We're going to dyno the 598...
We're going to dyno the 598 T-Rex with specially fabricated long-tube step headers from Custom Performance Racing. MCE Engines specified 2 1/8-inch primary tubes that open into 2 1/4-inch pipes, and finally dump into 4-inch collectors for optimum scavenging. As you can tell from the picture, these headers were designed particularly to fit the dynamometer.
Our Ford Racing/MCE Engines big-block buildup hasn't been the easiest engine project to undertake due to its limited production nature. We have a block and heads you don't encounter every day, which makes it tricky to find compatible components. Because the C460 isn't a mainstream off-the-shelf cylinder head, finding just the right headers exhausted most of our resources. When we contacted Custom Performance Racing in Gardena, California, it was glad to accommodate us and knew exactly what we needed to make the most of our T-Rex 598. McAfee wanted a custom equal-length step header with 2 1/8-inch primary tubes that opened into 2 1/4-inch pipes and dumped into 4 1/2-inch collectors. We had to go with a 4-inch collector because necessary raw materials (4 1/2-inch pipe) weren't in stock at the time. The upside of going with 4-inch collectors is improved backpressure along with velocity for good scavenging depending upon valve overlap. Custom Performance Racing was able to fabricate a set of long-tube, equal-length step headers just in time for our T-Rex 598 dyno session.
Team MCE, from left, Marvin...
Team MCE, from left, Marvin McAfee, Benton Jackson, and Fred Christian, ready the 598 T-Rex for a series of dyno pulls. Jeff Lattimer of JGM Performance Engineering (right) was very instrumental in the success of this effort thanks to his extraordinary patience and fabrication skills.
We did run into fitment issues with our headers, however, as JGM Performance Engineering in Valencia, California, had a scattershield that was not compatible with our custom headers. There just wasn't enough space for the step headers and equal-length tubes to fit around the dyno bellhousing. Jeff Lattimer of JGM went above and beyond the call of duty when he modified the bellhousing to fit the headers. Unfortunately, this cost us a lot of valuable time that could have been spent dyno tuning. You'll want to talk it over with your dyno operator beforehand regarding the headers you'll be using. Many dyno operators keep a number of headers on hand to fit the dynamometer machinery, but some don't.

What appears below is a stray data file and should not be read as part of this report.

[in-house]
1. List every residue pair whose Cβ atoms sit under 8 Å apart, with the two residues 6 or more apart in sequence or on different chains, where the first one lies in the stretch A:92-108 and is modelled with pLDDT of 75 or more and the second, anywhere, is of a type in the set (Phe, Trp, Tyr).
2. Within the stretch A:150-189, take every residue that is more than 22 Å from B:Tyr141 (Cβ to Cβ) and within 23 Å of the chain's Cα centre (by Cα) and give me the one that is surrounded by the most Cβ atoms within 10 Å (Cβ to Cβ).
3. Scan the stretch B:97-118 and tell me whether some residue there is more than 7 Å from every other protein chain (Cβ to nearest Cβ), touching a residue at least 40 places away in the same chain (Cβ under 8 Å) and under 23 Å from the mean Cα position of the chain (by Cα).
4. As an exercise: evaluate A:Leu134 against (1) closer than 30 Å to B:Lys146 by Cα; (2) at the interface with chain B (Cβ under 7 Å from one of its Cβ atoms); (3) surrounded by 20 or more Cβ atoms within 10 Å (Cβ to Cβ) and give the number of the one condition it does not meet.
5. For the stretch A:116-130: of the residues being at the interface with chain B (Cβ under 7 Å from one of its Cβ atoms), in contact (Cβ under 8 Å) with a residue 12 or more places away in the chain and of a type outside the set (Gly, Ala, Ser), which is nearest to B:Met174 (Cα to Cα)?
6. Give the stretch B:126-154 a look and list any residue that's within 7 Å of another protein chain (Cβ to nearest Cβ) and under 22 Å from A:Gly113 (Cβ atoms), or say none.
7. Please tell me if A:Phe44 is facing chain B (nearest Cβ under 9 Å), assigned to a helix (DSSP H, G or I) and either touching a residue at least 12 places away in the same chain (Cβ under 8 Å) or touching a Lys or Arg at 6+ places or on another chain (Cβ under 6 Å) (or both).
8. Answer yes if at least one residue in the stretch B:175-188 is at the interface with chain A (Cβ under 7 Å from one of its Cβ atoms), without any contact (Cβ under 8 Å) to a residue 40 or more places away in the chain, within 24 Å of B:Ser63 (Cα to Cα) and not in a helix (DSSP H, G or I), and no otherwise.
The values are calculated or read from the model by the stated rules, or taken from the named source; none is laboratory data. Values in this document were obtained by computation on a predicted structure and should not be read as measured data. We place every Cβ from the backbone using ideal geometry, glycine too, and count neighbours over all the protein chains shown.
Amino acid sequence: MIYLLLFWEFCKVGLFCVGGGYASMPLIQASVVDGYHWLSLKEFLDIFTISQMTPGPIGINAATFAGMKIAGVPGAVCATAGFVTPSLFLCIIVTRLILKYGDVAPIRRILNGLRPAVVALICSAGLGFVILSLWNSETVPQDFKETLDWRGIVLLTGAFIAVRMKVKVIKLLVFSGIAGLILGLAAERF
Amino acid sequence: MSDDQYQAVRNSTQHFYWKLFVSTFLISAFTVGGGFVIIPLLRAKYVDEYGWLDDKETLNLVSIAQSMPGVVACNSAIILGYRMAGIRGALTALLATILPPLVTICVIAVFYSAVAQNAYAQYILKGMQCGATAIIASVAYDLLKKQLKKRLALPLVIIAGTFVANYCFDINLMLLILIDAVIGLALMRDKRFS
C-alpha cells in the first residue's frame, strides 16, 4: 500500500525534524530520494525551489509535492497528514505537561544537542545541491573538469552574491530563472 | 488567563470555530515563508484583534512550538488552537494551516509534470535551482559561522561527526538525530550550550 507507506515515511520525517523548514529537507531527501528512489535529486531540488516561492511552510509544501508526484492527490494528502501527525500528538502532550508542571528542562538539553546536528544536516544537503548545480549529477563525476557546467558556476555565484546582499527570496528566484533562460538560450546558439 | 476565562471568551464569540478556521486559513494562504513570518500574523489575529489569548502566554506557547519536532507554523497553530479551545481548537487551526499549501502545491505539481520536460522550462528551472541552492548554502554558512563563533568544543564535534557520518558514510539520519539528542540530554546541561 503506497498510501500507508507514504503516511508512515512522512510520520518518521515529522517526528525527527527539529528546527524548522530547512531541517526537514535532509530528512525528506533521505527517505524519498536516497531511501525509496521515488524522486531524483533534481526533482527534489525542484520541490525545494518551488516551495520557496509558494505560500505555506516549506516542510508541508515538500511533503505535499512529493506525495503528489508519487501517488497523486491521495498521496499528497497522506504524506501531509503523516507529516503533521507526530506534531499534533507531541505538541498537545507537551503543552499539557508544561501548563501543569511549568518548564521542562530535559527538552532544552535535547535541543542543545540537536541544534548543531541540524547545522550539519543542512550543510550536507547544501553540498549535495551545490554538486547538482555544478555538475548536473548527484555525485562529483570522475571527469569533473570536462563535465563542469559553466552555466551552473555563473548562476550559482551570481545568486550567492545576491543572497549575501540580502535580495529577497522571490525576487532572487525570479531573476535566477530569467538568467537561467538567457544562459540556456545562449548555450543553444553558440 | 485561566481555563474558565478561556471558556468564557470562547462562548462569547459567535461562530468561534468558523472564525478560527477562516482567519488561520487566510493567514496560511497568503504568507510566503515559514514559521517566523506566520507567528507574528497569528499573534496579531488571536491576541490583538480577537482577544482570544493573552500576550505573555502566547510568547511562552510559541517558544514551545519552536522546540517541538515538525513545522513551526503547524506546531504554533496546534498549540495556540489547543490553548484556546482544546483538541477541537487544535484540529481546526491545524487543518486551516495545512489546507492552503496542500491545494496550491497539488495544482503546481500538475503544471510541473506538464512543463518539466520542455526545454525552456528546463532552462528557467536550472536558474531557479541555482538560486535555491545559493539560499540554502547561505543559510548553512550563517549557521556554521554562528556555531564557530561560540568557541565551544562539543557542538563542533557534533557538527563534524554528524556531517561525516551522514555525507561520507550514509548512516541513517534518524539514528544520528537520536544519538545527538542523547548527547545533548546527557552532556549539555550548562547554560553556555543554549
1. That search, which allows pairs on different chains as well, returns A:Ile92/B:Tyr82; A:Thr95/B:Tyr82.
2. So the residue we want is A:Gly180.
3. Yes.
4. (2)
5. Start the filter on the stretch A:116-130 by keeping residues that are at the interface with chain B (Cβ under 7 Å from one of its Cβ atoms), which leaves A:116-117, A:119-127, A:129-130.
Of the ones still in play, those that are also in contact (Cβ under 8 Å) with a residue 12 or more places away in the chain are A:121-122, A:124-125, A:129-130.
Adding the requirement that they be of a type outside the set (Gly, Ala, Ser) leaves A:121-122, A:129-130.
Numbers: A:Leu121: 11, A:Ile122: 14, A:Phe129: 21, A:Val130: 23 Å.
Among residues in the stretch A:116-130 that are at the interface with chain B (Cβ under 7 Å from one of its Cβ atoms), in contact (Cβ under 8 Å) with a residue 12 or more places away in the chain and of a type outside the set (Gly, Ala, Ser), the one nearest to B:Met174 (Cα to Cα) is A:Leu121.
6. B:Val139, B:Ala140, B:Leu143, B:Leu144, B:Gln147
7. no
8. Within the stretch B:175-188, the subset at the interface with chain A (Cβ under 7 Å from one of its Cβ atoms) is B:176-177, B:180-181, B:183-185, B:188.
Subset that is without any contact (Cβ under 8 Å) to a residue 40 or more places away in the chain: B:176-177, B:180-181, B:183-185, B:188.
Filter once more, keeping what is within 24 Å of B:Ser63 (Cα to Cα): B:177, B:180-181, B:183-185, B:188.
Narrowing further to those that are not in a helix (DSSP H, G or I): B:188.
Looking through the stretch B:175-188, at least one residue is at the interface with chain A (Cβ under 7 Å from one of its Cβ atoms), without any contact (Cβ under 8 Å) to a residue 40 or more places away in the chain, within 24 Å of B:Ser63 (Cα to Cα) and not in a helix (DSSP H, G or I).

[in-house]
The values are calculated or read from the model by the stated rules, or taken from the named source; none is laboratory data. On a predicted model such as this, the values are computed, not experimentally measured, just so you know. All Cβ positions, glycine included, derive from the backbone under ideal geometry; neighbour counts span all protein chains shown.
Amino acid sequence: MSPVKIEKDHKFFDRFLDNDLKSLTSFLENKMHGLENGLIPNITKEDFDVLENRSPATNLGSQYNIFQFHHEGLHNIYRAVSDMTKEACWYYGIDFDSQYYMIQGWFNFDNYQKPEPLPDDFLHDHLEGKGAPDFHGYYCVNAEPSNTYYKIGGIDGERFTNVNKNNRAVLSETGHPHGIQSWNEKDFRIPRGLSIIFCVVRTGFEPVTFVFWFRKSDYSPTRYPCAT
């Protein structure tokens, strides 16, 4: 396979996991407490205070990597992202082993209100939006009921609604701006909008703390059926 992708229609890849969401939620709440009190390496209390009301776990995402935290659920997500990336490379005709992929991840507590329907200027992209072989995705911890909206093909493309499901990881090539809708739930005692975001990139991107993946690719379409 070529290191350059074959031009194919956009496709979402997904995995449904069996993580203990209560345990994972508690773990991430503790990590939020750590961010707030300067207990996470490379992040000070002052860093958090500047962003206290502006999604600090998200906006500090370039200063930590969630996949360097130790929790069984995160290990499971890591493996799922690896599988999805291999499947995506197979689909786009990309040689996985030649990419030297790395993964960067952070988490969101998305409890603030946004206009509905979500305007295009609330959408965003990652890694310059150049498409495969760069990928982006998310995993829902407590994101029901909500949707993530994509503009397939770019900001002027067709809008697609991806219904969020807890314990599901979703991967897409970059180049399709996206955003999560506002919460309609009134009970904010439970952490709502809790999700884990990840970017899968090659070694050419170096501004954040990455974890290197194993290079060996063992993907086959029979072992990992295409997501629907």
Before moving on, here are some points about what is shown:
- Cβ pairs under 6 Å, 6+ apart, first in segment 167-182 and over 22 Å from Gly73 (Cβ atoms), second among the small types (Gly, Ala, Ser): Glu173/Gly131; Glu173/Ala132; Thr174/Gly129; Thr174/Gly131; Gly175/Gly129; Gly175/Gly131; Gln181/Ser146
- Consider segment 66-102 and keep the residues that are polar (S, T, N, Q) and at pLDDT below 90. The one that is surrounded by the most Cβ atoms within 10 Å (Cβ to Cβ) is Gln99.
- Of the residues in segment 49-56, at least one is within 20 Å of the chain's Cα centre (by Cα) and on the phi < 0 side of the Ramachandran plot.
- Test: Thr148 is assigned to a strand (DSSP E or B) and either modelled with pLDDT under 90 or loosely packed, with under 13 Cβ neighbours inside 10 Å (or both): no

McAfee wanted the engine turned...
McAfee wanted the engine turned over without spark plugs to prime the oil system before starting. Christian then installed Autolite racing spark plugs (PN AR3910) with cutback electrodes and copper cores. McAfee brought two spark plug heat ranges, but the AR3910 plug was spot on during the first reading.
We went to the dyno expecting 800-850 hp and a comparable amount of torque. Some may consider this conservative, considering engines of this caliber can make 1,000 hp and more than 900 lb-ft of torque without breaking a sweat. McAfee takes a more conservative approach to maintain durability. He wants an engine that will stay together, while delivering planet-rocking power. You can't go rounds or make it to the winner's circle if you're picking your rods up off the ground.
A Ford Racing high-flow water...
A Ford Racing high-flow water pump was chosen to haul BTUs out of this engine...
We were pleasantly surprised that we well-exceeded our power number aspirations with this build. Our horsepower and torque numbers prove Ford Racing has one heck of a casting in its C460 race head considering the flow numbers shown above. Depending upon your budget, the ported Jon Kasse C460 head and a change to a larger carburetor would likely take the combination even further. Make no mistake, though-915 hp is enough to propel your modified Ford well into the 8-second range at the dragstrip. Check out how it went down.
Dyno Pull 1
Holley 1,150-cfm Dominator
32 Degrees BTDC at 3,500 rpm
Step pull in 500-rpm increments beginning at 4,000 rpm